The Co-operative Group is reportedly cutting the price of its plant-based sausages and burgers for pushing back against the unfair costs of vegan food. As per sources familiar with the matter, customers trying to give up or reduce meat often complain that alt-meat has exorbitant prices as compared to real meat.
Considering this, the Co-op is making an investment of seven figures in its vegan array Gro. The prices of some products, comprising sausages and burgers, have been more than halved for bringing them into line with the meat-based equivalent that is sold in the group’s 2,600 stores.
In spite of concerns regarding the high prices that are charged, the sales of plant-based food products broke through the barrier of £1 billion in 2020, with number of shoppers of alt-milk and meat-free substitutes being 13 million. And regardless of the hardship of lockdown, almost 600,000 people across the globe attempted Veganuary, which is up from a value of 400,000 in the year 2020.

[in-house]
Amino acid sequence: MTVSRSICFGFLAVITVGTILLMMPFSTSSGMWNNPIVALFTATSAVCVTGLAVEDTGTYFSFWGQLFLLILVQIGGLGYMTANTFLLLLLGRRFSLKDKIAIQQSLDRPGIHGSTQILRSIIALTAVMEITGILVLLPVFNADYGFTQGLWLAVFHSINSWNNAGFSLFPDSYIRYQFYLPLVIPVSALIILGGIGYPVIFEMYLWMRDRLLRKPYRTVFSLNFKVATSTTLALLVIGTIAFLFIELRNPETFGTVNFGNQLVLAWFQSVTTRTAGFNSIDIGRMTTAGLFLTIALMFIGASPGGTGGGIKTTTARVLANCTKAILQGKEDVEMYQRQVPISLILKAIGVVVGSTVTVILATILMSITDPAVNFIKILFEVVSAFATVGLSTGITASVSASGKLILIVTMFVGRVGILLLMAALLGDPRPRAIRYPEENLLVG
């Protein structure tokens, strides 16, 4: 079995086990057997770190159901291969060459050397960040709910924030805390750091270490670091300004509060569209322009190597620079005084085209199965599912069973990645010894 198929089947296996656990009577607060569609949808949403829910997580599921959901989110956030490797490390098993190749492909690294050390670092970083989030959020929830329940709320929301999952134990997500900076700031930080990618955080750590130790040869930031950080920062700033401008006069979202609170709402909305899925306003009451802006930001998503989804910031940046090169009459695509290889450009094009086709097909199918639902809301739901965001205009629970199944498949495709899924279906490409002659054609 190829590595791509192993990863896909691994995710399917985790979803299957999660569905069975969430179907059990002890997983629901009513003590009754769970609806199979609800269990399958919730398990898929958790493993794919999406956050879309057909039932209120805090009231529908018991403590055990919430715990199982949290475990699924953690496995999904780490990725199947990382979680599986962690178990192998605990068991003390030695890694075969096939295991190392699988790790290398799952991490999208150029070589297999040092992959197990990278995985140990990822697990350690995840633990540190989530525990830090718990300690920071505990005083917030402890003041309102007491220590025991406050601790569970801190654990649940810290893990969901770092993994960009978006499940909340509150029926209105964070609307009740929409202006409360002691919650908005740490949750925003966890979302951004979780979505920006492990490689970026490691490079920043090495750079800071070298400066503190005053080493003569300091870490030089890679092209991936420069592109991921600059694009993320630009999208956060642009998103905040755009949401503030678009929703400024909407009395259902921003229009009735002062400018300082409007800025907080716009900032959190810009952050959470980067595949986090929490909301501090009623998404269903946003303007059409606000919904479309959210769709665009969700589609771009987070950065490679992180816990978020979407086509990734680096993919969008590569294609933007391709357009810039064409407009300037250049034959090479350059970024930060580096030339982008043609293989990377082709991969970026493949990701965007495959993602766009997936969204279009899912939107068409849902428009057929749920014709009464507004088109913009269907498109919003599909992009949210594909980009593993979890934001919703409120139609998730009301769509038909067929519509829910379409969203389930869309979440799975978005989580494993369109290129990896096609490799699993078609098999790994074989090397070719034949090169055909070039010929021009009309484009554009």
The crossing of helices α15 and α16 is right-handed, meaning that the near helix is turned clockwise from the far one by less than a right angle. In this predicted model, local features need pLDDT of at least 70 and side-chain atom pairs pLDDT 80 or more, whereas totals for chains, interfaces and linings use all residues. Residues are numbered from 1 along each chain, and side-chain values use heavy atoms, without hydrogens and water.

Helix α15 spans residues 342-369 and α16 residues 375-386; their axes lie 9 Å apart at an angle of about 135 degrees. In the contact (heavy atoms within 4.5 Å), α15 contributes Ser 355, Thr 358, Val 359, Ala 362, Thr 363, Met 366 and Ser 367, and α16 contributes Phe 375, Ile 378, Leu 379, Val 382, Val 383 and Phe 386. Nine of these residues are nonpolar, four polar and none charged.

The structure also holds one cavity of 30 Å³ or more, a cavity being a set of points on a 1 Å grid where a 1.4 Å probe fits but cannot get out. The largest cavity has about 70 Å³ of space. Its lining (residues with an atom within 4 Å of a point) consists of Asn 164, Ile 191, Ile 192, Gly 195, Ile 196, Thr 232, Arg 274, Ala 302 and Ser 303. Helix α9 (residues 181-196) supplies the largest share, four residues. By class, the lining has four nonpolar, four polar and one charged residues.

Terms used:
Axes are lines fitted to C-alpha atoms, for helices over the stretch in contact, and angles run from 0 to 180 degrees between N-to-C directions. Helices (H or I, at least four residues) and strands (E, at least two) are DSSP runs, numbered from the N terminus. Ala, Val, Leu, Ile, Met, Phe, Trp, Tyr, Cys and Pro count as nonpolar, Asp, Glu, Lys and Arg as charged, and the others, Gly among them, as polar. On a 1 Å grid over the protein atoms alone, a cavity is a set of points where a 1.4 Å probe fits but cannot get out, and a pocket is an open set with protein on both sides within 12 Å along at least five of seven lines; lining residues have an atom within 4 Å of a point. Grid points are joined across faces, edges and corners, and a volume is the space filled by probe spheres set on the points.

According to Co-op Food Chief Executive, Jo Whitfield, the consumption of plant-based food should not cost more money. Whitfield further stated that this is a market wide standard that plant-based options are usually priced higher as compared to their dairy and meat counterparts. This divergence is unfair to those that are following vegan, vegetarian, and flexitarian diets.
As per a recent survey, vegan products are 14% more expensive as compared to their non-vegan equivalent for every serving. However, this differed remarkably with some vegan products that cost almost three times the price.
As per reports, the Co-op has promised for the provision of annual updates on its progress towards reaching net zero. The group has also linked Whitfield’s pay to targets of carbon reduction. Other steps that are being taken comprise switching the company’s 200-strong home delivery fleet to EVs. To add on, the company is setting up an innovation fund for backing initiatives associated with carbon reduction research and development.